They ambled through our church doors one Sunday evening. I knew what they wanted before they ever opened their mouths, but they were clever enough not to ask on the first visit.
The church I pastored was located in a rural town just off a major interstate, making it a prime target for scammers. But this father and son duo weren’t transients. They were locals who had moved from a neighboring town and were now living in a residence they were having trouble paying for. They didn’t want money, just food. So we and a neighboring church helped them. The pastor from the other church even gave them rides between towns, went to court with the son, and went far beyond his “call to duty.” We could have simply said, “We’ll pray for you” and sent them on their way. But then again, that would have been a poor representation of our faith.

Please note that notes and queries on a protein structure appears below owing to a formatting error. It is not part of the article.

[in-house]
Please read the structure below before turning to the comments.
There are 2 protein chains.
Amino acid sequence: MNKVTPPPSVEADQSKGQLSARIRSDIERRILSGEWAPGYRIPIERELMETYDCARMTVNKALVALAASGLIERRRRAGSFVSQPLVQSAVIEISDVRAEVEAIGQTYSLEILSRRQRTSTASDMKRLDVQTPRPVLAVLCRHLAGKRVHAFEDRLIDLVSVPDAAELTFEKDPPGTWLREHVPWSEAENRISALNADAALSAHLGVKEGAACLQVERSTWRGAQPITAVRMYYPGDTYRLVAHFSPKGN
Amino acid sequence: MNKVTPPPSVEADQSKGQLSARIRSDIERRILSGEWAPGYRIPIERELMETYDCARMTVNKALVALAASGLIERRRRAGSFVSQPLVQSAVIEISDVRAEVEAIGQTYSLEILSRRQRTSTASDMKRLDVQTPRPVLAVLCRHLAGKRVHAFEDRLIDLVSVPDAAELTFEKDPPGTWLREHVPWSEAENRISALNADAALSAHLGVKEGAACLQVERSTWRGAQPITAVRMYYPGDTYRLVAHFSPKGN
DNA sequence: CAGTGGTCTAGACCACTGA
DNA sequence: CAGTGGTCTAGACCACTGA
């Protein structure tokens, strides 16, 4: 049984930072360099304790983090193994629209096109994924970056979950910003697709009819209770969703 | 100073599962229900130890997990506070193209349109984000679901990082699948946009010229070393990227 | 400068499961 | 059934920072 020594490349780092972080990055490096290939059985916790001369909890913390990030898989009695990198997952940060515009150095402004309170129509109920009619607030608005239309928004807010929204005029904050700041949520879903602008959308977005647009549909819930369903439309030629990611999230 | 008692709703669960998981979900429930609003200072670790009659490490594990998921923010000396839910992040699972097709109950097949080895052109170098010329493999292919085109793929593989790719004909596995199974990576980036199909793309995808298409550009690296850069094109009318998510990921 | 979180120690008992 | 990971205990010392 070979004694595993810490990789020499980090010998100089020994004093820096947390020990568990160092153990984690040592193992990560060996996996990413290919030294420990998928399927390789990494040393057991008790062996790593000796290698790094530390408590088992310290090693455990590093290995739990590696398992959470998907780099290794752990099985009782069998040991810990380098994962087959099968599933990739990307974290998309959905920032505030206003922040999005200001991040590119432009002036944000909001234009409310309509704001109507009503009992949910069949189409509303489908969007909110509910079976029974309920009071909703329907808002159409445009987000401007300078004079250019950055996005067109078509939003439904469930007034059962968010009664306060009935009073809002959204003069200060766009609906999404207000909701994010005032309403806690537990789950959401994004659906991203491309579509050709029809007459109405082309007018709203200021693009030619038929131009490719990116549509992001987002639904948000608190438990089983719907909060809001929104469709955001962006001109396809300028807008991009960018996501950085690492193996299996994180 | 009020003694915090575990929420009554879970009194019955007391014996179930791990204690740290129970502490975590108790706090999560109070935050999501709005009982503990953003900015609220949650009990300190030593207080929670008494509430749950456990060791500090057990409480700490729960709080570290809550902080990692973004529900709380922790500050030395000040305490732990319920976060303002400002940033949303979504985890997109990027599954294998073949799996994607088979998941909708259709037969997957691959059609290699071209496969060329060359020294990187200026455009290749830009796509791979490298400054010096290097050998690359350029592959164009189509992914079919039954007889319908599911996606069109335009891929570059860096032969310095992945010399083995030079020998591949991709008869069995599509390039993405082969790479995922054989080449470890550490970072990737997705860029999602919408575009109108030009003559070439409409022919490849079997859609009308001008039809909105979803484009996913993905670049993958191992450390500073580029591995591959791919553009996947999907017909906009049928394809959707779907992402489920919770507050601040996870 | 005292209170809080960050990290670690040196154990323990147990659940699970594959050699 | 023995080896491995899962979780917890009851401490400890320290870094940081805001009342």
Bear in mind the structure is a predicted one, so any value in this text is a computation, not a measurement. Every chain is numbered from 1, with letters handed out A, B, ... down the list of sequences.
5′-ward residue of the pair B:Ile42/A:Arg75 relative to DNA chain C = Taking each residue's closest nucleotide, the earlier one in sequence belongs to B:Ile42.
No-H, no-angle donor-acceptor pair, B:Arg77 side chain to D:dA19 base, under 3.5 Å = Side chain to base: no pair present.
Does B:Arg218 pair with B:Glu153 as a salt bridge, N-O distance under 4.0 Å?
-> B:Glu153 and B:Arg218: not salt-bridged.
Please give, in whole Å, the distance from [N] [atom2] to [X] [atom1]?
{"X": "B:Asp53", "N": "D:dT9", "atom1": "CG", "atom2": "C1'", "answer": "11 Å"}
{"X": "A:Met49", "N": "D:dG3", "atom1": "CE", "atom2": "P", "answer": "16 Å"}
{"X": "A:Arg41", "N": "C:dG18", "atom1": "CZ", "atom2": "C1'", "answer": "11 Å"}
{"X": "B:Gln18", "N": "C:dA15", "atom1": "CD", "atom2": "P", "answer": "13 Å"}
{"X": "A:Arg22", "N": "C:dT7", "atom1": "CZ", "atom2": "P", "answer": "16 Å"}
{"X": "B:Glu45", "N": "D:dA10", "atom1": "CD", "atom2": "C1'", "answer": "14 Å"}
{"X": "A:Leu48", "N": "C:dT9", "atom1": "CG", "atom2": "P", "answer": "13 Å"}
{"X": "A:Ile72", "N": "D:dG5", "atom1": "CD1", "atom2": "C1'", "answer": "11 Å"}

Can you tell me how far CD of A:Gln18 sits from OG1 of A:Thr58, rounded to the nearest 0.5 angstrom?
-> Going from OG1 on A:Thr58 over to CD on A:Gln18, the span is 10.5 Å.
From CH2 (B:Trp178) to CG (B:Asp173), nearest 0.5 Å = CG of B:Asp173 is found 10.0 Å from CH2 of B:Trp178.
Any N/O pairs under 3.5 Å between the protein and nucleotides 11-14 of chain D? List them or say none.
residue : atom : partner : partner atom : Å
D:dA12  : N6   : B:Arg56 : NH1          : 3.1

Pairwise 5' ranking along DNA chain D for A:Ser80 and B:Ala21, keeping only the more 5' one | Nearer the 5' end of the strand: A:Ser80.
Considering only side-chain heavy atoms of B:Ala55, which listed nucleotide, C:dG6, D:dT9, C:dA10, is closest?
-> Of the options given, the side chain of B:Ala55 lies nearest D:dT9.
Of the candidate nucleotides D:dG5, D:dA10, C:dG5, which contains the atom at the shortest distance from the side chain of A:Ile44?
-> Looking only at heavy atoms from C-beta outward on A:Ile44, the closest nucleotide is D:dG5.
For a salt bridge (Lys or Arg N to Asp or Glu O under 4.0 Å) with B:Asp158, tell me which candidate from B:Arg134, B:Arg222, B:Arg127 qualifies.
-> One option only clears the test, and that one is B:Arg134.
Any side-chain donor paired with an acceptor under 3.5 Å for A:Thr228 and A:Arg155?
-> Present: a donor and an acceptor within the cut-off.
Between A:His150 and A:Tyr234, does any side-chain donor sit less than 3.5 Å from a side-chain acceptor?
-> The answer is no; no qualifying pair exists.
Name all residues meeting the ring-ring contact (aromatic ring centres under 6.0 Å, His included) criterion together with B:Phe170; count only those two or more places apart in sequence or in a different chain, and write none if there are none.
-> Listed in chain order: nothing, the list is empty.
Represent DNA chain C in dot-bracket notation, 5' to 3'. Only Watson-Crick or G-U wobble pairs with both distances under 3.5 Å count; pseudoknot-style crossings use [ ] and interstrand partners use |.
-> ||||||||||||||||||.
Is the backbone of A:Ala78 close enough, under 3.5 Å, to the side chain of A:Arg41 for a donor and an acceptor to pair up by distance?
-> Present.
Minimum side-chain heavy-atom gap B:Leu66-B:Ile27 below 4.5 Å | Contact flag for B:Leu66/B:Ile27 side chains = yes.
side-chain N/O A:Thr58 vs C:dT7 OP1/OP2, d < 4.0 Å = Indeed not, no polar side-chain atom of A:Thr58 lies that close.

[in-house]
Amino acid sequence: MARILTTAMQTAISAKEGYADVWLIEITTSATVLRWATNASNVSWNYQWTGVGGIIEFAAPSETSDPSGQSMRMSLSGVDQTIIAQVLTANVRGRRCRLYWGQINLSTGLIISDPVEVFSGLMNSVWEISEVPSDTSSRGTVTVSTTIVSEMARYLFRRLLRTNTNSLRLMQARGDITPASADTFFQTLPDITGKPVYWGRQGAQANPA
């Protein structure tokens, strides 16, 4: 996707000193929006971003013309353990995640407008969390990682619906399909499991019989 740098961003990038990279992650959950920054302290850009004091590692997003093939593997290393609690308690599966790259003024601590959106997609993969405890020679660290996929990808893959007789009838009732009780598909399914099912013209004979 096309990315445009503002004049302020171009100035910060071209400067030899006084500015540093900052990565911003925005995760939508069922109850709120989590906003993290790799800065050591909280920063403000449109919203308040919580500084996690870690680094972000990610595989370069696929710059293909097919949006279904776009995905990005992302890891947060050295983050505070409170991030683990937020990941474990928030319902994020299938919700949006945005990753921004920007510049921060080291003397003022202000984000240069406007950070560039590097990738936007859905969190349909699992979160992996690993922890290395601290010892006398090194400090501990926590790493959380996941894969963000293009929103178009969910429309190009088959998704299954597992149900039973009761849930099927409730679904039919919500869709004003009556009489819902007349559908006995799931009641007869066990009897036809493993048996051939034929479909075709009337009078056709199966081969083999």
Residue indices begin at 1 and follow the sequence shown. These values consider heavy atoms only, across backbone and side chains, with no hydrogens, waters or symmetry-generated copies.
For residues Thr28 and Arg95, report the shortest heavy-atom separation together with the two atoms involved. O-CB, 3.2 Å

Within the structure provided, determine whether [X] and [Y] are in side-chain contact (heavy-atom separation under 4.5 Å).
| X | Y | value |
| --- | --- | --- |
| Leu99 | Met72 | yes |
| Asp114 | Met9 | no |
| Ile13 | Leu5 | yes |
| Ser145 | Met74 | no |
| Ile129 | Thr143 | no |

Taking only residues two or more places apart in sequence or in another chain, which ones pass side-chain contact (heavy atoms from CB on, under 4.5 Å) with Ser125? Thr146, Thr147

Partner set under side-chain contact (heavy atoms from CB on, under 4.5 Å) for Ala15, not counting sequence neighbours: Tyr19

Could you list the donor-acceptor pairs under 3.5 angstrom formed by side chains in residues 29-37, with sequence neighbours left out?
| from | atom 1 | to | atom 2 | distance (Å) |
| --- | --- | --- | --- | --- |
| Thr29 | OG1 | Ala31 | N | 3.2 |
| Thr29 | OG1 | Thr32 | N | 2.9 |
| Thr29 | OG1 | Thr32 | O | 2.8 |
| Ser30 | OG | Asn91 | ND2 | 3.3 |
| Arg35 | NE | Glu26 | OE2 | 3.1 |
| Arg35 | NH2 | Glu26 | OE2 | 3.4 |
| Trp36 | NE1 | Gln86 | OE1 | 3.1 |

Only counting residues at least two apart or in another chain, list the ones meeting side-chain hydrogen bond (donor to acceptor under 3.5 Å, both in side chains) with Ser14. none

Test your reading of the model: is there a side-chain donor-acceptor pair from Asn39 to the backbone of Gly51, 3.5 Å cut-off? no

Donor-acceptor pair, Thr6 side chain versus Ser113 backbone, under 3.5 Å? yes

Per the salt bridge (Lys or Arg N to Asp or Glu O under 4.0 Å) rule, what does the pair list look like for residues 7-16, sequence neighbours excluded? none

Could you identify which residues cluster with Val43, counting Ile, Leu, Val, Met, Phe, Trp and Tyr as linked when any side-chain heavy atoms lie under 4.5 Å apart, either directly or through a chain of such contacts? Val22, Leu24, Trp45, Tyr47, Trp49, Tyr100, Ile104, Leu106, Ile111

Suppose you see a brother or sister who has no food or clothing, and you say, “Good-bye and have a good day; stay warm and eat well”—but then you don’t give that person any food or clothing. What good does that do? (James 2:15-16 NLT)
Allowing my faith to transform my conduct is tricky business. What if I give someone money only to have them spend it on a habit or foolish endeavor. I’ve done that. But suppose I merely tell them I’ll pray for them and then shift the responsibility for helping to another organization. I’ve done that too.
Perhaps the answer lies somewhere in the middle. No action is certainly wrong, but giving ignorantly is also unwise. Asking God for wisdom for whom and how I help is always sensible. This may include investigating the individual’s story. I’ve done that as well. At the same time, I’m responsible for more than a quick prayer. That does nothing to soothe their immediate need and becomes in their ears mere empty words.
How are you putting your faith into action?
Prayer: Encourage us, dear Lord, to put our faith into practice even as You acted in our behalf.